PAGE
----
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marcus
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#14
Jan9-05, 04:45 PM
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continuing the comparison
how many photons per unit volue are in a room at temp T. Not surprisingly it depends on the cube of the energy kT.

here's how a metric user might calculate it (in fact dextercioby just did it this way in another thread)

[tex]\text{number of photons per unit volume} = \frac{1}{2.701} \times \frac {\pi^2}{15}\frac{(kT)^3}{\hbar^3 c^3}}[/tex]

here's a version using natural units of energy and length.
the two are the same because
[tex]\hbar c =\mathbb{E}\mathbb{L}[/tex]

[tex]\text{number of photons per unit volume} = \frac{1}{2.701} \times \frac {\pi^2}{15}\frac{(kT)^3}{\mathbb{E}^3\mathbb{L}^3}[/tex]

the reason for the 2.701 is because in thermal radiation at temperature T, the average photon energy is 2.701 kT.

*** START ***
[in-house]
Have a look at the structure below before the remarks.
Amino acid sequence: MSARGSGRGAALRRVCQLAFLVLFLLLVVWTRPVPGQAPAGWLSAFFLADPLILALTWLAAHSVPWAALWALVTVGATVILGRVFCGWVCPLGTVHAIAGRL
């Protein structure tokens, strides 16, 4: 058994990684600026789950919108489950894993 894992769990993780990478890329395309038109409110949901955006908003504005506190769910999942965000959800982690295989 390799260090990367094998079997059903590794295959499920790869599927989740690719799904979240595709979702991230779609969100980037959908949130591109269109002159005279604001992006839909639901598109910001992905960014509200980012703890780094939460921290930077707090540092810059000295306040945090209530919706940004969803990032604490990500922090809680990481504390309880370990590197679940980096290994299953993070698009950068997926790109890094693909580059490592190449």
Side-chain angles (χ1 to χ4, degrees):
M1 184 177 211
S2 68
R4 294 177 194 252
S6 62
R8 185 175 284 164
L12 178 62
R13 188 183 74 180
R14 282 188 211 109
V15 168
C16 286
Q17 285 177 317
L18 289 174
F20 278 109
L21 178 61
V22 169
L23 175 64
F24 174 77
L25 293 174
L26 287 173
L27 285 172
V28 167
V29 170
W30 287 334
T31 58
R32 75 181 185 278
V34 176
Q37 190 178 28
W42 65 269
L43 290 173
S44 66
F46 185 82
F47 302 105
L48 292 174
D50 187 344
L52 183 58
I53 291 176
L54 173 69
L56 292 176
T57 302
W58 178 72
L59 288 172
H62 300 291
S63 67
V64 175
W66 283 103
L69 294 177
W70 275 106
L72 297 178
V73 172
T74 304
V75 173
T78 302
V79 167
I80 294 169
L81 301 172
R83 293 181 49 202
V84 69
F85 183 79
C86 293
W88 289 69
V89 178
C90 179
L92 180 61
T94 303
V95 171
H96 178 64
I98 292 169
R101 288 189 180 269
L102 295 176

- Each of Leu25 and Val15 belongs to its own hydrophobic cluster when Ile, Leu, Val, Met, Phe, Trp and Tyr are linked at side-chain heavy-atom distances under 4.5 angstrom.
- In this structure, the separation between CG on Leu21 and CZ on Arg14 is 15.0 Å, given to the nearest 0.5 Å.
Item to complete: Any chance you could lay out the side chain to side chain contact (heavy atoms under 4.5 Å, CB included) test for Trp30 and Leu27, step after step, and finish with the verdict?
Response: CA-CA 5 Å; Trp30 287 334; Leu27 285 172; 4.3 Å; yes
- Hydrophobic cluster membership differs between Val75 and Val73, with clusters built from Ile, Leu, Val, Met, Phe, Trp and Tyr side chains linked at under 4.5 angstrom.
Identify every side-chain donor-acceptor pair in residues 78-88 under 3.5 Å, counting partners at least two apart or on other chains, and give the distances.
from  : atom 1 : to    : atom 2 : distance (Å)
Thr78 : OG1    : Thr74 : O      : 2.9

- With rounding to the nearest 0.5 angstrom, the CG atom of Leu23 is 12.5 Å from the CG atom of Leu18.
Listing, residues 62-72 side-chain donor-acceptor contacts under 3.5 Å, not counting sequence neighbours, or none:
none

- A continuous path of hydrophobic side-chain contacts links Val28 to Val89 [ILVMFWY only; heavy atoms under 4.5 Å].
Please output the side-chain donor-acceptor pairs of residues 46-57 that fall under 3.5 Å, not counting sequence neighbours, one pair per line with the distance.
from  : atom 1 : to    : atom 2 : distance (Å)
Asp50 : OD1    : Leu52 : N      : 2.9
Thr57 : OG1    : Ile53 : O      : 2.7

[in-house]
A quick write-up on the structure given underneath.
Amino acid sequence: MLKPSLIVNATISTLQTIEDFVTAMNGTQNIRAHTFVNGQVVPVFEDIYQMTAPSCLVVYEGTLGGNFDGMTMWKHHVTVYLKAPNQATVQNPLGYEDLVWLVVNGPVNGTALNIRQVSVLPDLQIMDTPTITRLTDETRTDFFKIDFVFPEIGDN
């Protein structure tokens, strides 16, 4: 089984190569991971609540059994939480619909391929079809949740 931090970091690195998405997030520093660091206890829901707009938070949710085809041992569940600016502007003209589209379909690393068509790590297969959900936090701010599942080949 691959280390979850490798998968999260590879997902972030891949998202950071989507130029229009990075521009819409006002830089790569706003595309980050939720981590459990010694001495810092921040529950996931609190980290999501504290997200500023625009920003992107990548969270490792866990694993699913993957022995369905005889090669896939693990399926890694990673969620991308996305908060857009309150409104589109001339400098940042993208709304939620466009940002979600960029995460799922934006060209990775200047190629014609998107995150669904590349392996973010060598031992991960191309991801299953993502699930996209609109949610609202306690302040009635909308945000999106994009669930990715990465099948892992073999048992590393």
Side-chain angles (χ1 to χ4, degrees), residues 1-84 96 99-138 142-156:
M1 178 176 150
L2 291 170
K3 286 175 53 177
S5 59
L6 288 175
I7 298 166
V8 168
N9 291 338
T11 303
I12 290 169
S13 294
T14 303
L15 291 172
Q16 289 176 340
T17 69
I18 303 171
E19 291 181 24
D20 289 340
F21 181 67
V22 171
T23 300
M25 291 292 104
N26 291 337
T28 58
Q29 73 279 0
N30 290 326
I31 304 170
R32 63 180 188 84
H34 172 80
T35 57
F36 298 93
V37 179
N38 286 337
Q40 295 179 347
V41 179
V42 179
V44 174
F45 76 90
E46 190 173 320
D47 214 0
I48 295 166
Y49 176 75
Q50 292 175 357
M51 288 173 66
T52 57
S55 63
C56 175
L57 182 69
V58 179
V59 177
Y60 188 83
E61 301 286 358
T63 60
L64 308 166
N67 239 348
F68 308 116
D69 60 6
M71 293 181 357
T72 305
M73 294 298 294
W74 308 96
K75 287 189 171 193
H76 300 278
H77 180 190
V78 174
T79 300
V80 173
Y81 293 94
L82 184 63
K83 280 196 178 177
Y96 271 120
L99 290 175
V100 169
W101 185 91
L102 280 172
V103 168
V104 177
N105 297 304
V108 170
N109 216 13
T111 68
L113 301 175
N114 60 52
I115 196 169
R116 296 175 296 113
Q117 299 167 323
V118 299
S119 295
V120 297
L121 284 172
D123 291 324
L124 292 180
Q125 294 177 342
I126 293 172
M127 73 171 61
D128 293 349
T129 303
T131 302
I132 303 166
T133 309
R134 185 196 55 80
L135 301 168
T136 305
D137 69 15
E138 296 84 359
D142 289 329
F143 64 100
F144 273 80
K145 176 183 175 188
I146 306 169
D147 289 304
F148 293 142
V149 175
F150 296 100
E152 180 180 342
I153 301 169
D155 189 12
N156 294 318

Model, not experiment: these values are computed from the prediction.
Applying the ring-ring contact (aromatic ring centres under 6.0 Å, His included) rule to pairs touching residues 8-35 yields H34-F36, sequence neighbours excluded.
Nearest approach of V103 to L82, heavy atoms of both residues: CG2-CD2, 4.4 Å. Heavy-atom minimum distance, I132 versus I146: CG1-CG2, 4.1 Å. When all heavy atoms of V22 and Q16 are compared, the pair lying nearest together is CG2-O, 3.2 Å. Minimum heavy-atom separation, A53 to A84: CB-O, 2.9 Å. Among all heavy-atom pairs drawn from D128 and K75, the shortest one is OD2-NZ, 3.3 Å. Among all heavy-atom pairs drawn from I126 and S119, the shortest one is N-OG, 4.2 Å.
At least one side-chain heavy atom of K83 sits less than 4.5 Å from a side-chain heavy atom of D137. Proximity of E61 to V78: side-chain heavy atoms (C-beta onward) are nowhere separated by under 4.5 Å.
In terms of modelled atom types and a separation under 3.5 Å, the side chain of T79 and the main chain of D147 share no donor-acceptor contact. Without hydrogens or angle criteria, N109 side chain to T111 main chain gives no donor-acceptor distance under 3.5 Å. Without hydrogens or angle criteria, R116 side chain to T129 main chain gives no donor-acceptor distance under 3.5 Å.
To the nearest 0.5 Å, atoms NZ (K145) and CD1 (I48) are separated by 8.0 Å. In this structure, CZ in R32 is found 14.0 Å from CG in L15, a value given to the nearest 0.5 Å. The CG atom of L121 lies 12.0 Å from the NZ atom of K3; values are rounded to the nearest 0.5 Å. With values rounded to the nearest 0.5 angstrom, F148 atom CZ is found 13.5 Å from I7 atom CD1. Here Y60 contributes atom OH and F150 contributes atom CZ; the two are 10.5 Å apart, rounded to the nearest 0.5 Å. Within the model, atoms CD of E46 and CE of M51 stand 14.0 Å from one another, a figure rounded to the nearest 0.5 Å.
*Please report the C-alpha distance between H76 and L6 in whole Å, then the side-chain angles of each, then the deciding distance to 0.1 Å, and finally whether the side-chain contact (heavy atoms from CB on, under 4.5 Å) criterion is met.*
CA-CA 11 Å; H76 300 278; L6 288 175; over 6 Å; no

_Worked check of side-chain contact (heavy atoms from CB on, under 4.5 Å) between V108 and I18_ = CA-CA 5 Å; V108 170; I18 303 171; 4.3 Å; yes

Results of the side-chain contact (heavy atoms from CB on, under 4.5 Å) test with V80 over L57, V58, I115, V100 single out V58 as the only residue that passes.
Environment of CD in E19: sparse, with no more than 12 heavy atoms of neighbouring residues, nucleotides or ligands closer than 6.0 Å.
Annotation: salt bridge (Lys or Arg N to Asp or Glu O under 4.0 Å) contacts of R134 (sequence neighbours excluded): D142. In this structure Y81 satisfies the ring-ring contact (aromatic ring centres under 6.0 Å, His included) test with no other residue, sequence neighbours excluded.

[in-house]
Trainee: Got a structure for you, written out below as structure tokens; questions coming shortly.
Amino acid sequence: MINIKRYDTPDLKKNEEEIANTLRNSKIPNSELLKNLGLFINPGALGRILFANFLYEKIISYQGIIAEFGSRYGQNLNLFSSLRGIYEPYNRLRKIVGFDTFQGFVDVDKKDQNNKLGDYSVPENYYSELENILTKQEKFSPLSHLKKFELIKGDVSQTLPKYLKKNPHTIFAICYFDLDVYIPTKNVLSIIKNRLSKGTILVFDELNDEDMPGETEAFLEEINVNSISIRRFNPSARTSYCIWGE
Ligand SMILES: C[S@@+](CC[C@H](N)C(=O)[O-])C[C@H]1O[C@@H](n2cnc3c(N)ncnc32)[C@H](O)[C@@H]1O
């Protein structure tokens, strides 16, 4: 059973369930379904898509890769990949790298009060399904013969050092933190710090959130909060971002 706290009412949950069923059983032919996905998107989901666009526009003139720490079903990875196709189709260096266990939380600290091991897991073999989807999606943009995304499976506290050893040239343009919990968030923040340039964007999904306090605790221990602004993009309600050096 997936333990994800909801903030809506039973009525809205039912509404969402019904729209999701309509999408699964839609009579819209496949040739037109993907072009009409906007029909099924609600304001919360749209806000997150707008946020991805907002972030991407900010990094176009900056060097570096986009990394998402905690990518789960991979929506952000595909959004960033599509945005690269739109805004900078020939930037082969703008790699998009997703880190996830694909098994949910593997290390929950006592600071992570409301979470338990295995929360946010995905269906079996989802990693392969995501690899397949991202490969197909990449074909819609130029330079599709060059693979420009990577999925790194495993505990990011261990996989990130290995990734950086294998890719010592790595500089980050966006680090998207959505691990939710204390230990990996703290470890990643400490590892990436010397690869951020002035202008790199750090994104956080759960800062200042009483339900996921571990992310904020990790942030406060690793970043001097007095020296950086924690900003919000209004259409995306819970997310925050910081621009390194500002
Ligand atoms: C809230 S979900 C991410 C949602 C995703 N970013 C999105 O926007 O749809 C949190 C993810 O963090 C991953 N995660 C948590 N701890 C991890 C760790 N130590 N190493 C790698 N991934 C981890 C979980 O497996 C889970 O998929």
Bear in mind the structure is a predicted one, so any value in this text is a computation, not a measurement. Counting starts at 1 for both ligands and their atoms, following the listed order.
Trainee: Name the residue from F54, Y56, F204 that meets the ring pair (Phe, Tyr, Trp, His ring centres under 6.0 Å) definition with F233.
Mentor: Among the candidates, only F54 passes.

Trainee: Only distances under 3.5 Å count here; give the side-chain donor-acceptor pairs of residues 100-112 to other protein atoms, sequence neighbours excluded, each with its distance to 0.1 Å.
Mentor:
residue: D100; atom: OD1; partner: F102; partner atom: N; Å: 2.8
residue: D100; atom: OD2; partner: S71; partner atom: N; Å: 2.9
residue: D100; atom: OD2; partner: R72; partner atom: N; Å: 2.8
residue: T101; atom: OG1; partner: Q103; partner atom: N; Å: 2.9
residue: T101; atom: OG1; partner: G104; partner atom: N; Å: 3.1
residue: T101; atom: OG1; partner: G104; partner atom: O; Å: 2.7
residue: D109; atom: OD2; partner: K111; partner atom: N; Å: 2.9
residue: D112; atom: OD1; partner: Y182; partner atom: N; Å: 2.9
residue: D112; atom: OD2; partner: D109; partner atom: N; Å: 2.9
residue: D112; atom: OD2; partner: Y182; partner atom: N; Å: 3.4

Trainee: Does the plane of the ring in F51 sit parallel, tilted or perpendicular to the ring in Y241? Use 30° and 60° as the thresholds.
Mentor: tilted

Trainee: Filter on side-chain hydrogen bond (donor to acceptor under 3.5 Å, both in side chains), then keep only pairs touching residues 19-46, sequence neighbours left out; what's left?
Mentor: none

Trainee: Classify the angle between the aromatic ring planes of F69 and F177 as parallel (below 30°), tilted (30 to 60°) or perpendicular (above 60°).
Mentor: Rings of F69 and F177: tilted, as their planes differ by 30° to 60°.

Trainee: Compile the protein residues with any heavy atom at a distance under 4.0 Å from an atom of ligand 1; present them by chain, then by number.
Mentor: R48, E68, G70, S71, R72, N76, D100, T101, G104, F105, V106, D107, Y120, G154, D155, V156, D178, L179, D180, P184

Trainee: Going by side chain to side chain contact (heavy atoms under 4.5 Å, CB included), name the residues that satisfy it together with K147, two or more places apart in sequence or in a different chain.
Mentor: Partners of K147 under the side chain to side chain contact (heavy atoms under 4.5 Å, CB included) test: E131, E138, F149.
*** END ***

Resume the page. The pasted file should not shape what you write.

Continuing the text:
2.701 comes from the Riemann zeta function

[tex]2.701 =\frac{3 \zeta(4)}{\zeta(3)}[/tex]

what the E and the L in the denominator are telling is is that if you work just in terms of the natural units then you simply have to cube the kT and do the stuff with pi-square over 15 and 2.701 ( factors that nature insists be there)

So we can do an example. A common (Fahren. 49) temperature at the earth's surface is E-29, put in natural terms, cube that: E-87.
and the numerical factors come to 0.24

so the number of photons per unit volume in a space at this common temperature is
2.4 x 10-88

To interpret that it is good to remember that a PINTsize volume---the cubic handbreadth thing---is 1099 of the natural volume units. So at a more familiar scale our result is just

2.4 x 1011 photons per pint.

roughly a quarter of a trillion per pint.
the problem with using natural units is always AFTER you get the answer you have to know some familiar multiples of the natural units so that you can visualize the answer in humanscale or practical terms

getting the answer tends to be expedited by the main constants being ONE so you dont bother with them, but then afterwards you need to take a moment to assimilate or interpret the answer.

Conventional room temperature, on the natural temp scale, is a bit more than E-29, in fact it is 1.04E-29 (that is 69 or 70 Fahrenheit) so if you are curious about the photons per volume at room temp you would cube that
and the answer would be larger by a factor of 1.12----so 12 percent larger number of photons.

in rough terms tho, just to have an idea, it is still about a quarter trillion per pint.